San Vincenzo Pallotti is a late 20th century parish church at Via Matteo Tondi 80 in the Pietralata quarter, north of the Pietralata metro station. A picture of the church on Wikimedia Commons is here .
The dedication is to St Vincent Pallotti.
The parish was set up in 1977 and entrusted to the Pallottine Fathers, whose founder was the patron saint -a native Roman.
The project for a permanent church and parish centre was inaugurated in 1990. The parish centre was completed in 1993, and the church finally consecrated in 1996.
As is typical with the architect, the layout is geometrically irregular in a rather playful way.
The church is part of a much larger edifice which comprises a parish and social centre. This is in two main blocks, arranged in approximately three sides of a hexagon around a paved piazza separated from the street by an area with grass and trees. The main ancillary block occupies the far and right hand sides, and has two wings at about sixty degrees. The near end of the left hand wing abuts the block containing the church. This itself is in two halves, the left hand half being the church proper and the right hand half containing the ferial chapel and sacristies etc. Overall the geometric outline of this block is irregular, very approximately square, divisible into two approximate longitudinal rectangles for the two areas just mentioned.
The "rectangle" of the church is assembled from four geometric units. The main body is a large rectangle, but with the frontage at a diagonal -the acute angle of this is to the right. The outline of the left hand corner of the rectangle thus cut off is occupied by a floating canopy over the entrance. The second unit is a smaller and shorter rectangle on the left, also with a diagonal frontage sloping back from the near left hand of the first unit. The projecting far end of the latter forms a sanctuary apse. Then, further to the left, comes a very narrow rectangular unit also with a diagonal frontage sloping back to the left. This, third unit is much shorter than the second and ends against a fourth unit which is a small, broad rectangle rotated to the left from the major axis and with its near right hand corner hidden beneath units two and three. This is the baptistery.
The description above might make better sense when looking at Google Earth.
The fabric is in reinforced concrete. The exterior surfaces are in white.
The three main rectangular units mentioned in the above description are bounded by massive piers and beams. The longitudinal beams are in the form of deep slabs, accommodating the interesting roof forms which they bound and support.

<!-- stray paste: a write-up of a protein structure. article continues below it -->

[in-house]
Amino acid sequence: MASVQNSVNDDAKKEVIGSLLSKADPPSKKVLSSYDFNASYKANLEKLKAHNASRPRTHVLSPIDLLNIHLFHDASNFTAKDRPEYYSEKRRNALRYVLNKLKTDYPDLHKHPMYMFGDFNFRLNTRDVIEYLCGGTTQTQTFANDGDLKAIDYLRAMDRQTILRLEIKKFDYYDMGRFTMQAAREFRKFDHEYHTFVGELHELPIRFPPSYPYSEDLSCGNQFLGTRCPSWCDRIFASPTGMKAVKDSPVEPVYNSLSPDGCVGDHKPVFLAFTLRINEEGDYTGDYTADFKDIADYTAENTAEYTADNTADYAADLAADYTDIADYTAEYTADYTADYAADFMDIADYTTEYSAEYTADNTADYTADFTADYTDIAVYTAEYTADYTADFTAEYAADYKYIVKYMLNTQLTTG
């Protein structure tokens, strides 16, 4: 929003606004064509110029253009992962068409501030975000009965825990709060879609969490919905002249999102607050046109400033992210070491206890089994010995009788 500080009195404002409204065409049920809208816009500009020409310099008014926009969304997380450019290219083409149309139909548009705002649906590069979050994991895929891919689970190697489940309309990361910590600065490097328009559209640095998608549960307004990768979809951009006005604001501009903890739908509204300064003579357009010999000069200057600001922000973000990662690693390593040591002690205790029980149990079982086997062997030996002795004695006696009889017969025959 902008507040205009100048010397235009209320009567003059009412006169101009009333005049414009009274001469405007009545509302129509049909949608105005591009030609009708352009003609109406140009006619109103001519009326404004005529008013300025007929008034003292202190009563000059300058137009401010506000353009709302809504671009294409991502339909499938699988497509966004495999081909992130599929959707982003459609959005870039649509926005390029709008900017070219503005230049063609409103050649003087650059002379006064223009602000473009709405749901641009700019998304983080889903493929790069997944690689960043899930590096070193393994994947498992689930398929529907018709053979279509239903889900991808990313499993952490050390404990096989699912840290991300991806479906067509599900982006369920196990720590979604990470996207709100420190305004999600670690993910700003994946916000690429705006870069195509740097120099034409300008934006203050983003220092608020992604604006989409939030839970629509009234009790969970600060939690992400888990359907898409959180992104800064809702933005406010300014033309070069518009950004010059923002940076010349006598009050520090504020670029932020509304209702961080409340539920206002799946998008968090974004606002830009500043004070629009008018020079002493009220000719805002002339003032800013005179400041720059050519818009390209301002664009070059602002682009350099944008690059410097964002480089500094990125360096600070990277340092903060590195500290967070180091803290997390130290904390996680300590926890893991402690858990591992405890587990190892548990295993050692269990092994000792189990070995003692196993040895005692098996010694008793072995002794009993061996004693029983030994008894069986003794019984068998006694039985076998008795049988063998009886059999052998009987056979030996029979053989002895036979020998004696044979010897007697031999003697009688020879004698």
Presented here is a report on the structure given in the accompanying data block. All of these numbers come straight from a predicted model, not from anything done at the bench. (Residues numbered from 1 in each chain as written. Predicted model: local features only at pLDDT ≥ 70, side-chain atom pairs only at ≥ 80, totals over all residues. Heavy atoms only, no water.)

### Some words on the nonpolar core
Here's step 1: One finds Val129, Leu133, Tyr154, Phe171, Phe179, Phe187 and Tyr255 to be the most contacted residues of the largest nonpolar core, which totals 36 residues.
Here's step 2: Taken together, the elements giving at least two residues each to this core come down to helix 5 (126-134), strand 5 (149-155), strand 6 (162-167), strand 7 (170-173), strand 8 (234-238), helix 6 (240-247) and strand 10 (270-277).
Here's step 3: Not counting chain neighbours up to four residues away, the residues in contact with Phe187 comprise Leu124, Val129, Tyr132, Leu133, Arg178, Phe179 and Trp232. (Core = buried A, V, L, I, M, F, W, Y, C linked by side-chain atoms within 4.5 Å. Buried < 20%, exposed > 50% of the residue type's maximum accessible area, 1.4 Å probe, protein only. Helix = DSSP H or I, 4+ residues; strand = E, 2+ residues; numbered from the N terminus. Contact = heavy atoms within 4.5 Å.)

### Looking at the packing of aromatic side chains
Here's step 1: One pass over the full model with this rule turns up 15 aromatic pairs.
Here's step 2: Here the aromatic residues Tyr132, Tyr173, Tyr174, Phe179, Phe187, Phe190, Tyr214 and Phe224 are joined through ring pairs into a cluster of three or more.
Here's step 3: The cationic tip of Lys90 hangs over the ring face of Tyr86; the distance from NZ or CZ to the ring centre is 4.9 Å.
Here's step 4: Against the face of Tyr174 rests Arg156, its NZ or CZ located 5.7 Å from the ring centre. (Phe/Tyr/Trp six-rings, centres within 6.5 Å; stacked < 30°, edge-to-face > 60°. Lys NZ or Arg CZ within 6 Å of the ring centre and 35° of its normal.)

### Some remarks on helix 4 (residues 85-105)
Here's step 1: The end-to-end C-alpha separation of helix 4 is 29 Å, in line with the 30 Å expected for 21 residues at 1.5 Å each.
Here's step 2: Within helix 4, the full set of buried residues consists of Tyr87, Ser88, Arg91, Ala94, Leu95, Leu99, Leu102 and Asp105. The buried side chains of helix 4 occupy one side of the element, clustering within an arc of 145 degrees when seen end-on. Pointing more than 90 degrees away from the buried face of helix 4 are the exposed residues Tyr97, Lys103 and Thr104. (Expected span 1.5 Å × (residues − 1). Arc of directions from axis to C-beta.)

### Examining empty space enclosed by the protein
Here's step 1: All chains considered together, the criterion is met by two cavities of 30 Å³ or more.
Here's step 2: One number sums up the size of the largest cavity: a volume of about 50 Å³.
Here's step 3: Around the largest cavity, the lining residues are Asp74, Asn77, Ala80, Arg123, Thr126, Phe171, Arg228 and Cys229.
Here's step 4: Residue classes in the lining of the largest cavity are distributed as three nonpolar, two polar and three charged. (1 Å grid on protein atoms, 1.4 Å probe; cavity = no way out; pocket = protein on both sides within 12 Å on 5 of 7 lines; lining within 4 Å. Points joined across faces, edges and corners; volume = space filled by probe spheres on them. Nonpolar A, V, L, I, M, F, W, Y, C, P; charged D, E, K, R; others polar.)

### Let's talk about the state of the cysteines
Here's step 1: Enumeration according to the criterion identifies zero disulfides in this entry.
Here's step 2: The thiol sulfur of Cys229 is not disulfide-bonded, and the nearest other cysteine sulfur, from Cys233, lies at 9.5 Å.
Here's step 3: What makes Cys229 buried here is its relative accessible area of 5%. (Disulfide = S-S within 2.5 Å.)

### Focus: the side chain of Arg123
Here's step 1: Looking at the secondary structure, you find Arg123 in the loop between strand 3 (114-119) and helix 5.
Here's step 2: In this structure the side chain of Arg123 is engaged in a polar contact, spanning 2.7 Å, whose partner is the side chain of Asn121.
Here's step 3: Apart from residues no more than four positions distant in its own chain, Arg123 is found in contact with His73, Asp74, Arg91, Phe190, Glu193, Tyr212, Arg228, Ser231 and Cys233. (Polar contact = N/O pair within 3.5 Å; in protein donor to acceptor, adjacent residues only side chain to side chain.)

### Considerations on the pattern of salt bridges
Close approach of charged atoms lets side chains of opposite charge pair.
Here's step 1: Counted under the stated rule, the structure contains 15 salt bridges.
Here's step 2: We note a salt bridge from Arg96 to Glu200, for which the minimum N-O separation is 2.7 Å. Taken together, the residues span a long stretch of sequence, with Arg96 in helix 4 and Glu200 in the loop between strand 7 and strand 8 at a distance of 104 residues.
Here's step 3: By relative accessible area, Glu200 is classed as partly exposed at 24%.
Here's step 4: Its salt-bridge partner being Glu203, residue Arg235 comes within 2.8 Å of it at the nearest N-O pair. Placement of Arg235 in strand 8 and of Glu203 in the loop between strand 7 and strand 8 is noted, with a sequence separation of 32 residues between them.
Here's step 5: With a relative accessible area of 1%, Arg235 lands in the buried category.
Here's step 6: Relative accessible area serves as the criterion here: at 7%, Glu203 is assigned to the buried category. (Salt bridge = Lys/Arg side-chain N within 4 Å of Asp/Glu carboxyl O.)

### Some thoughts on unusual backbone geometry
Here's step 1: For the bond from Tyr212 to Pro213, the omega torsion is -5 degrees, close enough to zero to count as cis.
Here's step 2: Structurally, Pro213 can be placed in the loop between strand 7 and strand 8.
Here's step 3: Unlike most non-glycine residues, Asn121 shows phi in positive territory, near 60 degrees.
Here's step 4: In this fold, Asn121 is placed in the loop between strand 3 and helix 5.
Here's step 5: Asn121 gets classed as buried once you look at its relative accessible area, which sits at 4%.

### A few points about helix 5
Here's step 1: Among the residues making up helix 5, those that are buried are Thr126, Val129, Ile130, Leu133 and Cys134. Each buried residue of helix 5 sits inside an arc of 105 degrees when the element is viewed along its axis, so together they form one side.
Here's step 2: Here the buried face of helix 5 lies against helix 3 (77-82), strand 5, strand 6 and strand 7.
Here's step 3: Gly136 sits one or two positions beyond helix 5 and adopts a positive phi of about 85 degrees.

The concrete roofs of these three units are the major design feature of the church. Each has a slope down from right to left at the frontage, but the slope at the back is down from left to right. So, each roof twists in a hyperbolic curve to change the direction its pitch. The roof of the baptistery, however, is flat and is much lower than the main roofs. The ancillary accommodation to the right of the church proper also has two flat roofs, and in between the church and this area is a very thin roofing strip bounded by support beams, part of which contains a skylight strip.
The narrow sides of the rectangular units, at their near and far ends, are entirely occupied by fenestration. That in the near ends is perpendicular to the major axis, not diagonal like the rooflines above.
The façade of the church is not at all pretty.
The block containing the church divides into to two frontages. That of the church proper, to the left, has the white fascia of the roof receding diagonally to the left over a void which contains a window screen with a red metal framework. The entrance doorways are also in glass, and the two are separated by a flat floating rectangular canopy inserted into the void and having its near left hand corner protruding. This has a red fascia.
To the right hand side of the church frontage is a row of five enormous white concrete slabs. The first one marks the near right hand corner of the church proper, and is set back. The next three, in a row, front the ancillary accommodation. The last one is much deeper, and is the campanile. It has a tall projection on its near edge, and on the far side of this is attached a huge cross finial of steel girders painted red. The bells are in an open metal cage on the slab behind, also in red.
The interior surfaces are in white, except for the roofs which are left in blank grey concrete and the floor which is in dark grey stone slabs.
The ferial chapel is to the far right, separated from the main worshipping area by a glass screen. The baptistery is to the far right. This is unusual in having a plunge-pool as a font, with a fountain spouting from a travertine boulder.
The Stations of the Cross are by Guido Sotriffer.
Welcome colour is provided for the interior by huge stained glass windows occupying the far end of the church. There are three of these, including a small vertical strip in the far right hand corner. The theme is the empyrean, with heavenly bodies depicted in a semi-abstract style. The artist is Costantino Ruggeri.
The sanctuary furnishings (altar and lectern) are in pure white marble, carved in an abstract style by Ruggeri. Behind the altar is a blank white screen wall below one of the windows mentioned.
According to the Diocese (July 2018), Mass is celebrated:
Weekdays 8:30, 18:00 (19:00 in summer);
Sundays and Solemnities 8:00, 10:30, 18:00 (19:00 in summer).